August, 1979: Illegal swimming. I climbed the fence and swam at night in the MSU pool.

July, 1980: Antler Dance. I was caught in Morenci’s Oak Grove Cemetery after dark by off-duty police officer Frank Cordts. I was with a college friend named David Rafferty and we were performing the Antler Dance under a streetlight just inside the main entrance. Officer Cordts probably suspected alcohol or drugs as he quickly applied the brakes. No illegal substances, no arrest. Just a couple of goof-balls.

April 1, 1987: Newspaper myth. An April Fools day. I can’t speak further of this incident. I’ll just let the National Inquirer dig this one up.

  • Front.geese
    ON THE MOVE—Six goslings head out on manuevers with their parents in an area lake. Baby waterfowl are showing up in lakes and ponds throughout the area.
  • Front.little Ball
    Fayette's Demetrious Whiteside (left)Skylar Lester attempt to keep the ball from going out of bounds during Morenci's recent basketball tournament for fourth and fifth grade teams. Morenci's Andrew Schmidt stands by.
  • Front.tug
    MORENCI pep rallies generally end with a tug of war. The senior class entry, shown above, did not advance to the finals. Griffin Grieder, Alaina Webster, Kyle Long and Jazmin Smith are shown at the front of the rope, giving it their best effort.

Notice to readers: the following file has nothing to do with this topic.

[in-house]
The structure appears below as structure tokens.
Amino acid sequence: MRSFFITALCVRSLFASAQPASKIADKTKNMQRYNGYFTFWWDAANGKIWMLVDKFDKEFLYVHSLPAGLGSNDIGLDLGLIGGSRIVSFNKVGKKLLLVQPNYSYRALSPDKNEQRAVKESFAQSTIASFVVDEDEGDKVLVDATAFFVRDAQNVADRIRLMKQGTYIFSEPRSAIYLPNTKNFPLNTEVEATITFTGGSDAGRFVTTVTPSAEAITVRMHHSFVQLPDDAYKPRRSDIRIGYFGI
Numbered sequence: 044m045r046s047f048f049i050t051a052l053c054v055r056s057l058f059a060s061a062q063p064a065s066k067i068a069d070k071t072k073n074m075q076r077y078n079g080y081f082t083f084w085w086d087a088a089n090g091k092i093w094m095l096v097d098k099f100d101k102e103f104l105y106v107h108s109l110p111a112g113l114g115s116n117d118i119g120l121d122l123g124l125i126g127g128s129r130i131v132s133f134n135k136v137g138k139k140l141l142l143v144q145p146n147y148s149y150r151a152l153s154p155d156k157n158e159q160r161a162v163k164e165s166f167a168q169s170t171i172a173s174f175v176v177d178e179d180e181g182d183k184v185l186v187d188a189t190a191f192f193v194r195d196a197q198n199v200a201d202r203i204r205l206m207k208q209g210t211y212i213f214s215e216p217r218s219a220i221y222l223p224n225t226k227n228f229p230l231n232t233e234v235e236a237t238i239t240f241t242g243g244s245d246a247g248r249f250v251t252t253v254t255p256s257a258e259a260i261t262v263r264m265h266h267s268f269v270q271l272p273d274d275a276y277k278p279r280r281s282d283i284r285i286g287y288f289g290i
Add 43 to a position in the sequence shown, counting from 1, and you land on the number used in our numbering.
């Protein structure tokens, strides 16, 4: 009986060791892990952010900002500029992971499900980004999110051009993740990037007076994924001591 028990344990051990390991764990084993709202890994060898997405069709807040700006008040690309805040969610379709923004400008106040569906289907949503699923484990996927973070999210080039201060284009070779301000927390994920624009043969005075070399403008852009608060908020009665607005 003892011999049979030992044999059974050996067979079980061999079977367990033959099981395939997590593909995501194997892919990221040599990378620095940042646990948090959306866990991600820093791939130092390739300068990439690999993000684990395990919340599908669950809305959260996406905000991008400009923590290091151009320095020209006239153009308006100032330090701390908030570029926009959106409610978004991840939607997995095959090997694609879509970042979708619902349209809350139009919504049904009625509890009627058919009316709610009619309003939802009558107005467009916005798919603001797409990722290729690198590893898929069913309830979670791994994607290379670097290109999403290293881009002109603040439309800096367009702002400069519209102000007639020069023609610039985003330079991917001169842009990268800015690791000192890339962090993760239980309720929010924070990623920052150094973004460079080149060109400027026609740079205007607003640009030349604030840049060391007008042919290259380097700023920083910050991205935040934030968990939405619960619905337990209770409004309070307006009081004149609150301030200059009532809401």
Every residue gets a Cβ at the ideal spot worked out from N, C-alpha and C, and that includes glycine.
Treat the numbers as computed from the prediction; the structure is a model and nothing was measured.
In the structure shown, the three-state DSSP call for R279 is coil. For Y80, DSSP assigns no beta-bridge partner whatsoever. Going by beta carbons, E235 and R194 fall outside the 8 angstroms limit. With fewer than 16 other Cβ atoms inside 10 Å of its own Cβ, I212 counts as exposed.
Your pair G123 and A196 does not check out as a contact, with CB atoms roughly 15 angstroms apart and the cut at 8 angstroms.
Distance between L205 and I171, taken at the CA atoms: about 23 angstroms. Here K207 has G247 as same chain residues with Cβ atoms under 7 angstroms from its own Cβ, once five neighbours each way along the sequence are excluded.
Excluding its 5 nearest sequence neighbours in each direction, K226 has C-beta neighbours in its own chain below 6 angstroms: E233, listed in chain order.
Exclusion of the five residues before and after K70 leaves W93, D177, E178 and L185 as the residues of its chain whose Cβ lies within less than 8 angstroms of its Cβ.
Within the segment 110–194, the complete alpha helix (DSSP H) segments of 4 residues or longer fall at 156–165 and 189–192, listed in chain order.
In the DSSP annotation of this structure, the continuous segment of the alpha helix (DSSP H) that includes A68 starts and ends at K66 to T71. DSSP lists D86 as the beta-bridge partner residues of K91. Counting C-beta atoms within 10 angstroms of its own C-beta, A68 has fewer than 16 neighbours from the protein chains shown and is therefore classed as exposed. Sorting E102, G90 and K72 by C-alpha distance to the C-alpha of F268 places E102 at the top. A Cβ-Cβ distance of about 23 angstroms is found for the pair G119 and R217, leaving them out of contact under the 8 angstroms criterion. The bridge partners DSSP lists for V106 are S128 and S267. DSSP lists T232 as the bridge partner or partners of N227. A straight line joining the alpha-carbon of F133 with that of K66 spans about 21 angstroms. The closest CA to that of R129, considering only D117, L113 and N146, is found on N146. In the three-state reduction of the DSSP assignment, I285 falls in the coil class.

• Accident
    FAYETTE resident Patricia Stambaugh, 64, was declared dead on the scene of a single-vehicle accident Friday morning south of Morenci. Rescue units were called around 9 a.m., but as of Tuesday, law enforcement officers had not yet determined the time of the accident. According to Ohio State Highway Patrol, Stambaugh was driving west on U.S. 20 when her Chevrolet Malibu traveled off the north side of the road and down a steep embankment, coming to rest in Bean Creek (Tiffin River).
  • Athletic Fields
    SPORTS COMPLEX—Fayette’s outdoor athletic facilities will include three ball fields for summer recreation leagues at the southwest corner of the school. The baseball and softball fields, along with the running track, will be constructed on the east side of the school. Outdoor athletic fields were not part of the new school project from 2007, but voters approved a $1.4 million levy for a school addition and the sports fields last August. Both projects are scheduled to be complete by July 20.
  • Front.teacher Leading
    PRESCHOOL MUSIC—Fayette band director Jeffrey Dunford spends the last half hour of the day leading the full-day preschool class in musical activities. Additional photos are on page 7 of this week’s Observer.
  • Front.F.band
    TROMBONISTS Jake Myers (left) and Max Baker perform Friday at the annual Senior Citizens Luncheon at Fayette High School. The National Honor Society and the FFA chapter teamed up to serve a meal to area seniors and to provide musical entertainment. Both the school band and choir performed. Additional photos are on page 7 of this week’s Observer.
  • Front.poles
    MOVING EAST—Utility workers continue their slow progress east along U.S. 20 south of Morenci. New electrical poles are put in place before wiring is moved into place.